Does ICC action already make a difference in Burundi?
At the end of April, the prosecutor of the International Criminal Court (ICC) opened a preliminary examination in Burundi. As the situation has been deteriorating for the past year with experts fearing the outbreak of a full-fledged civil war, Burundi could become a real-life test for the ICC's ability to deter atrocities. Some argue there is evidence the move of the prosecutor has already had an impact on the conflict.
When Burundi's ruling party announced president Pierre Nkurunziza as a candidate for a controversial third term in April 2015, Burundians were already stockpiling supplies in case unrest broke out. The small Eastern African nation has experienced decades of violence and civil war and could slide into a new conflict, fear Burundians and foreign observers alike [IJT-183] .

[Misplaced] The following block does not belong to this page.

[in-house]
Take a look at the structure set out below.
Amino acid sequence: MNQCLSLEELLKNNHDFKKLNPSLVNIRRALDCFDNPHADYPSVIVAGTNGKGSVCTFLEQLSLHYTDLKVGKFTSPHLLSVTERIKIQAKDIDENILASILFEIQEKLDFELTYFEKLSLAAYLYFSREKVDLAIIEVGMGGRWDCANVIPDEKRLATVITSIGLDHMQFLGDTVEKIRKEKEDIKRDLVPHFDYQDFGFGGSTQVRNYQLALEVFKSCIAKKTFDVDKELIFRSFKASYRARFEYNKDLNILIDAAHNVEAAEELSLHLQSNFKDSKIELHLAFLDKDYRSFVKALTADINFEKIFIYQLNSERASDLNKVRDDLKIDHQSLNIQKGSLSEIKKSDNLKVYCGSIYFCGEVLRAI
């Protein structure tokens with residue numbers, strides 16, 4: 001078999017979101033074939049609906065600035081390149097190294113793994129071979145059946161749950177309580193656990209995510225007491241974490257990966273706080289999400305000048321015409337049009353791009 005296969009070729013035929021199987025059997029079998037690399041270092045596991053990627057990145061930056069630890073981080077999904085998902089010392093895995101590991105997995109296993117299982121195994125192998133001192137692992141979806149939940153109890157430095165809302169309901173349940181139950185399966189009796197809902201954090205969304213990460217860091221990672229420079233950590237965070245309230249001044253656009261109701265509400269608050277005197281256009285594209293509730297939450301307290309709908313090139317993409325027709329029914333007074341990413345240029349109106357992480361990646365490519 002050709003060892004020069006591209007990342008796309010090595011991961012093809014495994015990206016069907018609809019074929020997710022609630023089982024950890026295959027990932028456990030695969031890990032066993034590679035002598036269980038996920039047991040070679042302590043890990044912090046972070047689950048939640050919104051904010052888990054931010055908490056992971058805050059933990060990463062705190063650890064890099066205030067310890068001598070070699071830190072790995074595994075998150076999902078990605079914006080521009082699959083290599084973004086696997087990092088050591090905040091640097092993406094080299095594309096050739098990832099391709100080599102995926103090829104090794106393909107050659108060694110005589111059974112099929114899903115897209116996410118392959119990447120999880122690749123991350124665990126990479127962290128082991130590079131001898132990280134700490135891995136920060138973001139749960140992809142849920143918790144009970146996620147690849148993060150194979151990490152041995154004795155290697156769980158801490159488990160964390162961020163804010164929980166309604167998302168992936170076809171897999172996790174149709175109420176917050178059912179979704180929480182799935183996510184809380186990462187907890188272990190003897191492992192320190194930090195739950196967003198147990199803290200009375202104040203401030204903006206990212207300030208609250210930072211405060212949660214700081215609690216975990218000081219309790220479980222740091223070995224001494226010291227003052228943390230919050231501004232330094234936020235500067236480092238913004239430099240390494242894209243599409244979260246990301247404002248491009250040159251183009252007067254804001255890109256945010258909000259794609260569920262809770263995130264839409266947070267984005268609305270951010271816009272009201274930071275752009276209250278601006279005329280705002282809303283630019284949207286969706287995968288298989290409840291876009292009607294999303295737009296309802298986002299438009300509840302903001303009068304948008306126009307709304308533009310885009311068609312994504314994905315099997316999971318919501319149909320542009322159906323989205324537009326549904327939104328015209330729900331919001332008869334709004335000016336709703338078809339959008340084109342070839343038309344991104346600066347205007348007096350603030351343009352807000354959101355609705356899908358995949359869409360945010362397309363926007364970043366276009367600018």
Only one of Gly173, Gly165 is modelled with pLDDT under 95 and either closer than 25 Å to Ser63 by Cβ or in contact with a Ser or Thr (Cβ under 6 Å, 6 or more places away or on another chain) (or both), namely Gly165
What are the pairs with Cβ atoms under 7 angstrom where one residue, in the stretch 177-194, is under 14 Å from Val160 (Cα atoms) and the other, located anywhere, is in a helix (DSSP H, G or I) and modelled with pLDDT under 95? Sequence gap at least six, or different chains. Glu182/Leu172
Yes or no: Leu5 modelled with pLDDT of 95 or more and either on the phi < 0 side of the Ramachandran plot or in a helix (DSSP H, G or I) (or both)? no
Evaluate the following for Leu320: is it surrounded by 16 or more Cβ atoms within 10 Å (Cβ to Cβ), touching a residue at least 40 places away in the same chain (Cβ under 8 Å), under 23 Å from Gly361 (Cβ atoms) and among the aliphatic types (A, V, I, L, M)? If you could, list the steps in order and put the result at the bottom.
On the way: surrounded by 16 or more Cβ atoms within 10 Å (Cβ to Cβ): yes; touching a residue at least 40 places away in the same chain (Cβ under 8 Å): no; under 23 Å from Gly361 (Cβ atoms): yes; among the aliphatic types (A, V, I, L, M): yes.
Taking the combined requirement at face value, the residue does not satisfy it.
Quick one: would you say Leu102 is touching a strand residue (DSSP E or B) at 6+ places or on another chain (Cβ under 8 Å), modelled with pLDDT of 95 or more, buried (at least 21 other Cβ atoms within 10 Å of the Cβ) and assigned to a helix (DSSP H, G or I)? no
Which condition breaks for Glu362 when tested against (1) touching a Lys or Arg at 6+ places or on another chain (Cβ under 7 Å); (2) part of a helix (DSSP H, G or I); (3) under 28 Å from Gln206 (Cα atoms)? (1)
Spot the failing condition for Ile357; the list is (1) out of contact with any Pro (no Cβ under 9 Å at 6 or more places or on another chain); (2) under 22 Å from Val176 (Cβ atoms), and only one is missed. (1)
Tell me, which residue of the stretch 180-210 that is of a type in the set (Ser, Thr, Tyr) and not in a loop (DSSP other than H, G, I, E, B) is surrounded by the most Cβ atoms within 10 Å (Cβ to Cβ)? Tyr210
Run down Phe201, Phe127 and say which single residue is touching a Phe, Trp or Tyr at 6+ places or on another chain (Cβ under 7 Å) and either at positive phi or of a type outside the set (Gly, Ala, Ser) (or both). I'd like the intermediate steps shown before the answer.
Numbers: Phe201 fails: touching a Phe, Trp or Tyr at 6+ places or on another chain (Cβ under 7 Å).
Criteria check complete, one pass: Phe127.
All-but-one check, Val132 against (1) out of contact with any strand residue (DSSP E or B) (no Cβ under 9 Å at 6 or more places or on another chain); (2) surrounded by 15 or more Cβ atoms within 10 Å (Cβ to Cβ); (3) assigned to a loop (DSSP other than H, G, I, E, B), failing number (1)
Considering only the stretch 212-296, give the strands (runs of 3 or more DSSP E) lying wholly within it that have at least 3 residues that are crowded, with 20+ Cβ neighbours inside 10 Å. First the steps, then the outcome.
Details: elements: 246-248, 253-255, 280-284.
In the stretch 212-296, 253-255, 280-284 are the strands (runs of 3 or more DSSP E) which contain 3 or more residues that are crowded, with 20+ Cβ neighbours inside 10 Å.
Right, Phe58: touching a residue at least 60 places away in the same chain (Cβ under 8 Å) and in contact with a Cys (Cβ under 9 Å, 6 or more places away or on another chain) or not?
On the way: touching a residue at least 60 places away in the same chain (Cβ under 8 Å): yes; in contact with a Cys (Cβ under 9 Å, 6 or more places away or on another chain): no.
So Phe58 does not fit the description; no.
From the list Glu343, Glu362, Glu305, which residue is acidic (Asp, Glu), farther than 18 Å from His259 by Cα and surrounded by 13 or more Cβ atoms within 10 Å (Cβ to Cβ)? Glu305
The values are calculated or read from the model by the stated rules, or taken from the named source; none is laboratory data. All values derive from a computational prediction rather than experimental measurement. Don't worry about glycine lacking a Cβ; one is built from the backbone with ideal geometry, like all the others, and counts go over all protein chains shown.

A year after Nkurunziza's announcement that caused waves of violence, Fatou Bensouda, the prosecutor of the ICC, announced she has opened a preliminary examination to establish whether there is a basis to investigate the persons behind the violence. Since the country still stands on the brink of civil war Burundi could become a test for the court's deterrent effect.
“The ICC's watchful eye might make leaders exercise greater caution,” says Geoffrey Dancy, a political scientist at Tulane University in the United States who studied the ICC's deterrent effect in other countries such as the DR Congo, Uganda, Ivory Coast, Kenya and the Central African Republic.
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